Port Townsend (except for the paved roads and horseless carriages), is a town frozen in time.
Located at the entrance of the breezy Puget Sound on the wildly natural Olympic Peninsula in
the state of Washington, the 1854 ex-seaport capital is just far enough away from the busy
freeways to stay cloaked in old-fashioned atmosphere.
Chronologically, the Peninsula was first inhabited by Native American tribes. These nations --
the Quileute, the Hoh, the S'Klallam and others -- successfully utilized the land and sea for over
ten thousand years. Europeans arrived two hundred years ago, lured by the giant trees and three-
sided waterways. These magnificent commodities eventually helped build the big cities of
Seattle and San Francisco and built some of the wooden freighters that served the communities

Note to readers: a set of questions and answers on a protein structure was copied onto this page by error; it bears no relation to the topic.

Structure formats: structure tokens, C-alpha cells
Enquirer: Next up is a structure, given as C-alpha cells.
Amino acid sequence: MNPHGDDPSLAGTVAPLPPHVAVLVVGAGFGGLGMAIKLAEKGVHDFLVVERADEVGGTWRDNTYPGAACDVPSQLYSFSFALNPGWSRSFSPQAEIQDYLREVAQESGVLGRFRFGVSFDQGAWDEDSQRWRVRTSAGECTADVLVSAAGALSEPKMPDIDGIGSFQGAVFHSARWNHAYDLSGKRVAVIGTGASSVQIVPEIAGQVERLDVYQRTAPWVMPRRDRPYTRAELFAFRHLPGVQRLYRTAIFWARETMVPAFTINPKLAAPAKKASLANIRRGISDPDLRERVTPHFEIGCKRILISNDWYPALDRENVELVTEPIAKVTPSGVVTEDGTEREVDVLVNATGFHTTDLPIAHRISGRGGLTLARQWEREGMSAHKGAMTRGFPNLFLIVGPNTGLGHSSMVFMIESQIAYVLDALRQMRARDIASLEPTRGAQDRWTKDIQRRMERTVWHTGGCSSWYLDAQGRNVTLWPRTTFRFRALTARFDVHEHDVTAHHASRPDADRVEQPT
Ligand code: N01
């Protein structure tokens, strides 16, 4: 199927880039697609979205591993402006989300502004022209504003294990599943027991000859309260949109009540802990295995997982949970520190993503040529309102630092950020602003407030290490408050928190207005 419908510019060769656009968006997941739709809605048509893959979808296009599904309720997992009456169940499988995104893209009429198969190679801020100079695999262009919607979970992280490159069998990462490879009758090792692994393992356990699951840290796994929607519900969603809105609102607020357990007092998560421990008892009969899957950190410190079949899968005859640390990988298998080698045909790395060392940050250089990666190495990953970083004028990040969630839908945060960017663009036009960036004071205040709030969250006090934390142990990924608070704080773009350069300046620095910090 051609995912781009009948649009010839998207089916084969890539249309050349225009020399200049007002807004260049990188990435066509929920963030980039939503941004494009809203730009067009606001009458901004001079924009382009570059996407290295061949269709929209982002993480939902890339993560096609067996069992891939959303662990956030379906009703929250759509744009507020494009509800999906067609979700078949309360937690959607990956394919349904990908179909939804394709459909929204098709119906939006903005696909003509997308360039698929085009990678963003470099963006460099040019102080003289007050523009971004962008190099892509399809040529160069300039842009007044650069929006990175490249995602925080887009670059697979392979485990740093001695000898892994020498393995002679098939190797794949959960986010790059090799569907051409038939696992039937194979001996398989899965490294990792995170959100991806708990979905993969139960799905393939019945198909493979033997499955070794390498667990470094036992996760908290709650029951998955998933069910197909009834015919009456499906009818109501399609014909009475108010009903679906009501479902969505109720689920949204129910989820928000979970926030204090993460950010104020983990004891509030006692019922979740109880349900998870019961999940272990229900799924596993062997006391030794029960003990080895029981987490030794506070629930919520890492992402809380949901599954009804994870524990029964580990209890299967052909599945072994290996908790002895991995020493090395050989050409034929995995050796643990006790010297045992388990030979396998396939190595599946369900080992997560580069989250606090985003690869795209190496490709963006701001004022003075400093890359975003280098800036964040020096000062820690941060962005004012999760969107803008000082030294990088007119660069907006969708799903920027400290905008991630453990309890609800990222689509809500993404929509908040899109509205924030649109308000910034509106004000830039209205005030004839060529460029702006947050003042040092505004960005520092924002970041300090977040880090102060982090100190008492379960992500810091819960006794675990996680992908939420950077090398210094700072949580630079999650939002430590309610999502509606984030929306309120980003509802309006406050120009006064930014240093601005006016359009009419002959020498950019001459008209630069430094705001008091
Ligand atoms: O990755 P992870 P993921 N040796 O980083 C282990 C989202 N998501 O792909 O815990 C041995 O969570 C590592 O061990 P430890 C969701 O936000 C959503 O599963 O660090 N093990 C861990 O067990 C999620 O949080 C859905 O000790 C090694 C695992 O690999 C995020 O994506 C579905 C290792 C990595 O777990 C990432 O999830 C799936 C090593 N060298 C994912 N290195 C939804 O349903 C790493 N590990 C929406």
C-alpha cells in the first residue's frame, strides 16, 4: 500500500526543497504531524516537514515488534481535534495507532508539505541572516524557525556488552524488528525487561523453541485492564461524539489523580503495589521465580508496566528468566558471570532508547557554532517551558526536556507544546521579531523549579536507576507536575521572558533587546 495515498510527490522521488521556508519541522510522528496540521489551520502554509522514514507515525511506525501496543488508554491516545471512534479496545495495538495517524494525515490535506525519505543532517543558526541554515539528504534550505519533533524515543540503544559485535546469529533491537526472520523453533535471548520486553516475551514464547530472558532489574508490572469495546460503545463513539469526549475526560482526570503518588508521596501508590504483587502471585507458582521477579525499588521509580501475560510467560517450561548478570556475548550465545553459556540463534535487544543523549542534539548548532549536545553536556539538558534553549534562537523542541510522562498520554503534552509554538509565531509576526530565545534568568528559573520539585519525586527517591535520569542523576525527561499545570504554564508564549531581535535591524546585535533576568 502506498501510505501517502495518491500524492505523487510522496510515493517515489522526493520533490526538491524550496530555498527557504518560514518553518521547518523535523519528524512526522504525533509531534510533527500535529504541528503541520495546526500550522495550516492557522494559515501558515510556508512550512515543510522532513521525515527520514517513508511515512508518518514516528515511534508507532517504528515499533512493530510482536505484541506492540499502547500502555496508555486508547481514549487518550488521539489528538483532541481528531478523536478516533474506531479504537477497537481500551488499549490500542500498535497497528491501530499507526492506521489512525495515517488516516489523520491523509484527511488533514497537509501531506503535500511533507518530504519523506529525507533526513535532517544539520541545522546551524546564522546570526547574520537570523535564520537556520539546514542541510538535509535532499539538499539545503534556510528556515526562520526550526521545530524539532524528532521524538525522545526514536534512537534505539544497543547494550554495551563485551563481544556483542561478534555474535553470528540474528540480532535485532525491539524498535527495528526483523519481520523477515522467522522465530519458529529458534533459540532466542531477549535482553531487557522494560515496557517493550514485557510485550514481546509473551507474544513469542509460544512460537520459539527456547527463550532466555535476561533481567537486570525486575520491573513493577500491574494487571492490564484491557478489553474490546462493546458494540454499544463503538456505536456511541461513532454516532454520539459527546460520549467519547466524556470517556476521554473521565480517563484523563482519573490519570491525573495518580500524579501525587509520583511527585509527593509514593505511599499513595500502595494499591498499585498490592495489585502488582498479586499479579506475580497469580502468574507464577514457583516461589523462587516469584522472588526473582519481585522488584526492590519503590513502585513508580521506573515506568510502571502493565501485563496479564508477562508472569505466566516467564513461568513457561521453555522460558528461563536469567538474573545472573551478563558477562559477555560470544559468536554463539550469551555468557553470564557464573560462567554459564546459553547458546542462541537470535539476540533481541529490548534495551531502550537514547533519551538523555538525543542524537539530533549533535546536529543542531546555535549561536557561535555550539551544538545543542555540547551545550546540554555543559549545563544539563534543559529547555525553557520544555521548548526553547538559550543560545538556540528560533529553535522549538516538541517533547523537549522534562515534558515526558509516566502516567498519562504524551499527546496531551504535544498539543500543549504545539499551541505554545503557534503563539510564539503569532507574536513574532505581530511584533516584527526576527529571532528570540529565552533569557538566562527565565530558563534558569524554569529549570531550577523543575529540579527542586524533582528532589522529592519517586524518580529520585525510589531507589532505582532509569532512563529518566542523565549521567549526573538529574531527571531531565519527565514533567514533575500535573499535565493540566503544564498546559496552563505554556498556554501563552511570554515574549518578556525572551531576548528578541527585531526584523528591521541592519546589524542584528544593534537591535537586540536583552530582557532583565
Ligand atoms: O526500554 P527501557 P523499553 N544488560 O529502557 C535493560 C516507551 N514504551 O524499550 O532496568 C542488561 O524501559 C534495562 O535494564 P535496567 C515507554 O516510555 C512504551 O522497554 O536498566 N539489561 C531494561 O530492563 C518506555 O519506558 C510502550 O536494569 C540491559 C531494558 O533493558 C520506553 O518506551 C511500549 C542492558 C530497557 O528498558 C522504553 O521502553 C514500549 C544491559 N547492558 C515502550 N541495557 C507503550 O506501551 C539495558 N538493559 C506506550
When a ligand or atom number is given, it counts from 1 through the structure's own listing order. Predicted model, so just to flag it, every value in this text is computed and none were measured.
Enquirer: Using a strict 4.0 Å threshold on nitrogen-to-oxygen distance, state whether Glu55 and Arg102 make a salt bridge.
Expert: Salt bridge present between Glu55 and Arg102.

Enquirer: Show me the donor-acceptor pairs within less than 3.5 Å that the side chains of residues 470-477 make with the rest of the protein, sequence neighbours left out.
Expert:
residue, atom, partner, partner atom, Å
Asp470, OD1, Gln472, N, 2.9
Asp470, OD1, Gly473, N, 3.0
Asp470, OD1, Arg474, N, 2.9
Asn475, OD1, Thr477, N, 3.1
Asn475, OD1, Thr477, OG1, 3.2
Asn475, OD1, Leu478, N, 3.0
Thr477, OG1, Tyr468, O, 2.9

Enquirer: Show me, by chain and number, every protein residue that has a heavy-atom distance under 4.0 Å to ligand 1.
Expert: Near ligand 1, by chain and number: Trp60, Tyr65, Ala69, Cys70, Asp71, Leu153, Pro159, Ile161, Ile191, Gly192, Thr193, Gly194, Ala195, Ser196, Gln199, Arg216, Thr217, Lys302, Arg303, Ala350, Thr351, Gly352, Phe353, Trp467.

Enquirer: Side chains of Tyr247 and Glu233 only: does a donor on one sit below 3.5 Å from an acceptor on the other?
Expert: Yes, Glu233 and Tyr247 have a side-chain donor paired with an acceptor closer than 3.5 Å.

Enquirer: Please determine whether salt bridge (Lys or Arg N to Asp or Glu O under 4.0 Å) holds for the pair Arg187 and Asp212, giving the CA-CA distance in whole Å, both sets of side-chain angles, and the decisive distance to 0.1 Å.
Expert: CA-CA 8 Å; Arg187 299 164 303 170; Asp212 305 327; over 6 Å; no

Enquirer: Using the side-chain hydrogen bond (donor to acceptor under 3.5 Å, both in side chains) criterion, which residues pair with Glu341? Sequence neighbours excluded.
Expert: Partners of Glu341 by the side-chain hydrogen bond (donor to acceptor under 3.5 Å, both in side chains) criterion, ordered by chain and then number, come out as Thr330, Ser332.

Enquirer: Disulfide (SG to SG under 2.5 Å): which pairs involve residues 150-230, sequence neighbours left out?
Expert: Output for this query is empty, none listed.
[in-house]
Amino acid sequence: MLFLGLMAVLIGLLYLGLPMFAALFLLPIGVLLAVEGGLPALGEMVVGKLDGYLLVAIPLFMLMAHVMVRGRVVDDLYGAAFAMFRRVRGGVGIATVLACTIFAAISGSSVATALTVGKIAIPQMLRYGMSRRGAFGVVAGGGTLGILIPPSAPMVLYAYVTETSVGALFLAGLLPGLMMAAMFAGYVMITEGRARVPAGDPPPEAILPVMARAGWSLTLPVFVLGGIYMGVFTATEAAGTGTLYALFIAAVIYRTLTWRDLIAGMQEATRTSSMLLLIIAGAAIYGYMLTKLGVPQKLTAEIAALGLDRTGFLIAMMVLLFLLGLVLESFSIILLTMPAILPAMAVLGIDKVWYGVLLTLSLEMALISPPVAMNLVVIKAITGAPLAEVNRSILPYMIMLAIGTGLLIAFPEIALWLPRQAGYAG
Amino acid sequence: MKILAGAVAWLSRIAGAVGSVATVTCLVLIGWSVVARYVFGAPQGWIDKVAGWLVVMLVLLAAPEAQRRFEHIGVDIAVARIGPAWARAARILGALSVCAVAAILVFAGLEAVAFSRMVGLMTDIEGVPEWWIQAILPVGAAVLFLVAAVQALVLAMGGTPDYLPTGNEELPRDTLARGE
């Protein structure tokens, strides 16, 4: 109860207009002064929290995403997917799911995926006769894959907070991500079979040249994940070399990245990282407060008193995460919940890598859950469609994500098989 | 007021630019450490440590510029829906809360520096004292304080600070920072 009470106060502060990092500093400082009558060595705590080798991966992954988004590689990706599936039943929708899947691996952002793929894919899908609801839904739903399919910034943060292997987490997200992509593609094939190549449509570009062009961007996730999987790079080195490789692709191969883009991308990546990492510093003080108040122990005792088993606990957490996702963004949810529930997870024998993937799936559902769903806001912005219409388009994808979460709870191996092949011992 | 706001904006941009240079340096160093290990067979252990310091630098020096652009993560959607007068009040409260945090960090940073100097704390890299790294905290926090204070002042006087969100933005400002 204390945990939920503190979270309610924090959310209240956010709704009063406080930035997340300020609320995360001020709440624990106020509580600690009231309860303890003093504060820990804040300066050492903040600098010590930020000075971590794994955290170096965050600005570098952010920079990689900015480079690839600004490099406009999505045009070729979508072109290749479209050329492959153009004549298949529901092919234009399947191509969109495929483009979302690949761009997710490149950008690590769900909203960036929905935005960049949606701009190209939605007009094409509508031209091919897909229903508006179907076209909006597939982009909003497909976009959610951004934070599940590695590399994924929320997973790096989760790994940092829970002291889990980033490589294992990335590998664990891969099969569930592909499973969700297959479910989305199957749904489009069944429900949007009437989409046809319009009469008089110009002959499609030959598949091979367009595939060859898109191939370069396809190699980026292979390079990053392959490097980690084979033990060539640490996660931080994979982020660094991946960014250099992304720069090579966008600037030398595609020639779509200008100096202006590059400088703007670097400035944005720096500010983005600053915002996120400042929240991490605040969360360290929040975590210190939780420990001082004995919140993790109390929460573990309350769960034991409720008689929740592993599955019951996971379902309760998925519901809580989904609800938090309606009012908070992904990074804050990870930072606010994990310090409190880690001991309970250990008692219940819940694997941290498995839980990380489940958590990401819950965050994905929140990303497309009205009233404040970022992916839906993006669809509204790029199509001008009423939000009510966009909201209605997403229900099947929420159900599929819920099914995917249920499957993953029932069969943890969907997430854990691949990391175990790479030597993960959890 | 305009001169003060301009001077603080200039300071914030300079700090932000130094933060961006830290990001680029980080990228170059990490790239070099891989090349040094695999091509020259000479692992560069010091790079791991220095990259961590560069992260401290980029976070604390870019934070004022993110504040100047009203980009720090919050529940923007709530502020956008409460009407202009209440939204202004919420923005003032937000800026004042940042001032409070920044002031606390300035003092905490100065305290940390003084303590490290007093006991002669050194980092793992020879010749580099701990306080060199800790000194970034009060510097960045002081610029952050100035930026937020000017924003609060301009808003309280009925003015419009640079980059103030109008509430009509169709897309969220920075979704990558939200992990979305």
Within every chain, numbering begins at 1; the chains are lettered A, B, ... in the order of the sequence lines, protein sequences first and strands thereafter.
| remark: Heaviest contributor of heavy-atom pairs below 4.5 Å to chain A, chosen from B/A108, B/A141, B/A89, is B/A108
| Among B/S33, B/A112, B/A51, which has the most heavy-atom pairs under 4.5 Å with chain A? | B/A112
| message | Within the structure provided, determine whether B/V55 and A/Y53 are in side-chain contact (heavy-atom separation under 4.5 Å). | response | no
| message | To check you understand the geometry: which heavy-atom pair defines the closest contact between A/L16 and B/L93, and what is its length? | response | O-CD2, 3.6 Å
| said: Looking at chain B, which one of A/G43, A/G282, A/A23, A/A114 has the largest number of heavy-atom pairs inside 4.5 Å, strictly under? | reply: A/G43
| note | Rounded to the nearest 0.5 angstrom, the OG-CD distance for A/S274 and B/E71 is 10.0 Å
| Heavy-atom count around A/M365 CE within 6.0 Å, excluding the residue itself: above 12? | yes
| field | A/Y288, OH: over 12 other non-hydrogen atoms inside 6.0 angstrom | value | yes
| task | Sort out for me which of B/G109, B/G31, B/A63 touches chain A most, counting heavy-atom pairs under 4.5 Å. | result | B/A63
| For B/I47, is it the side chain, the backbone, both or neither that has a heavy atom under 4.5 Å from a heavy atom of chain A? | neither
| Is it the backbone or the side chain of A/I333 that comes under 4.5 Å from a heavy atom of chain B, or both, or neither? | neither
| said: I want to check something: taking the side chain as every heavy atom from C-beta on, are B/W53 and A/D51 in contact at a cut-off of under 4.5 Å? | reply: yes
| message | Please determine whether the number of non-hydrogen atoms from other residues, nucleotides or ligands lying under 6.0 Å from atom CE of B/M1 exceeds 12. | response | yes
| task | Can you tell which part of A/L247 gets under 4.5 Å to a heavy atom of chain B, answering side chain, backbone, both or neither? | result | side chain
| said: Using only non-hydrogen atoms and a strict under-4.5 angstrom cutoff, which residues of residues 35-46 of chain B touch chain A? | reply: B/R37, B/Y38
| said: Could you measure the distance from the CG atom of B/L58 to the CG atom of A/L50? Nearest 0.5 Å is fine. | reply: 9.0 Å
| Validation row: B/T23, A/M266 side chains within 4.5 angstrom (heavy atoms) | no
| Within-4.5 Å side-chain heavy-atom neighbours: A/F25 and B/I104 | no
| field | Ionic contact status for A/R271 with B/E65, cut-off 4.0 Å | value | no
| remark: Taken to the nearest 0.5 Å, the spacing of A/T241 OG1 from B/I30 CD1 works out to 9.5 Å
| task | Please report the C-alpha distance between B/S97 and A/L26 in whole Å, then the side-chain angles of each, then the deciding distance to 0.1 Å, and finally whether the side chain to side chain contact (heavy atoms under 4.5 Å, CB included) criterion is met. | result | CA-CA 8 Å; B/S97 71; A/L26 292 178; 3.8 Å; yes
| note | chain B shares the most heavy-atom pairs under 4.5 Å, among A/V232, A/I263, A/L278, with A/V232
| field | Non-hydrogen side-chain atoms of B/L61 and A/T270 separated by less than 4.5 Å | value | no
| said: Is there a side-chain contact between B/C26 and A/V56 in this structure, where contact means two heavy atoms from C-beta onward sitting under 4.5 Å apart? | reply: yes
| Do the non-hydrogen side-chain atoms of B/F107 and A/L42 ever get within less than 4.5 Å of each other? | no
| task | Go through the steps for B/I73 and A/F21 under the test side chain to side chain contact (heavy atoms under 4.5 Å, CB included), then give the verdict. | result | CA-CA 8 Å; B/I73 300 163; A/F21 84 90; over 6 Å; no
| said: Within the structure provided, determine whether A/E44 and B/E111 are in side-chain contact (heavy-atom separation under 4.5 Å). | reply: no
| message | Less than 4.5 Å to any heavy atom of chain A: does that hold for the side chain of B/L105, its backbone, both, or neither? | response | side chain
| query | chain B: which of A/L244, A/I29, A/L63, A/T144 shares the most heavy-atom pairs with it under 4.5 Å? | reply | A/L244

along the watery highways.
Port Townsend was a reasonably quiet seaport city on the peninsula until the late 1800's when
visions of a railroad drew wealthy speculators and their wealthy tastes. Suddenly the easy-
living village sprouted showy homes, chapels, schoolhouses and brick business centers. In sharp
contrast to the bawdy brothels and boisterous saloons on the waterfront and the deep dark bay
that fluttered and swayed peacefully with tall-masted square riggers from all over the world..
The bubble burst when the railroad never materialized. It happened so quickly that some of the
buildings never got finished. That this took place wasn't unusual, for many such booms and
busts occurred at the turn of the century. What's unusual is that so much of the physical
evidence of what it was like is still standing. (The national registry of old buildings recognizes
70 structures in Port Townsend). Not intentionally, perhaps, but rather it was due to a general
lack of funds and no interest to modernize that nobody bothered to demolish the old buildings.
Now preservation is an important part of modern progress and it makes good sense to save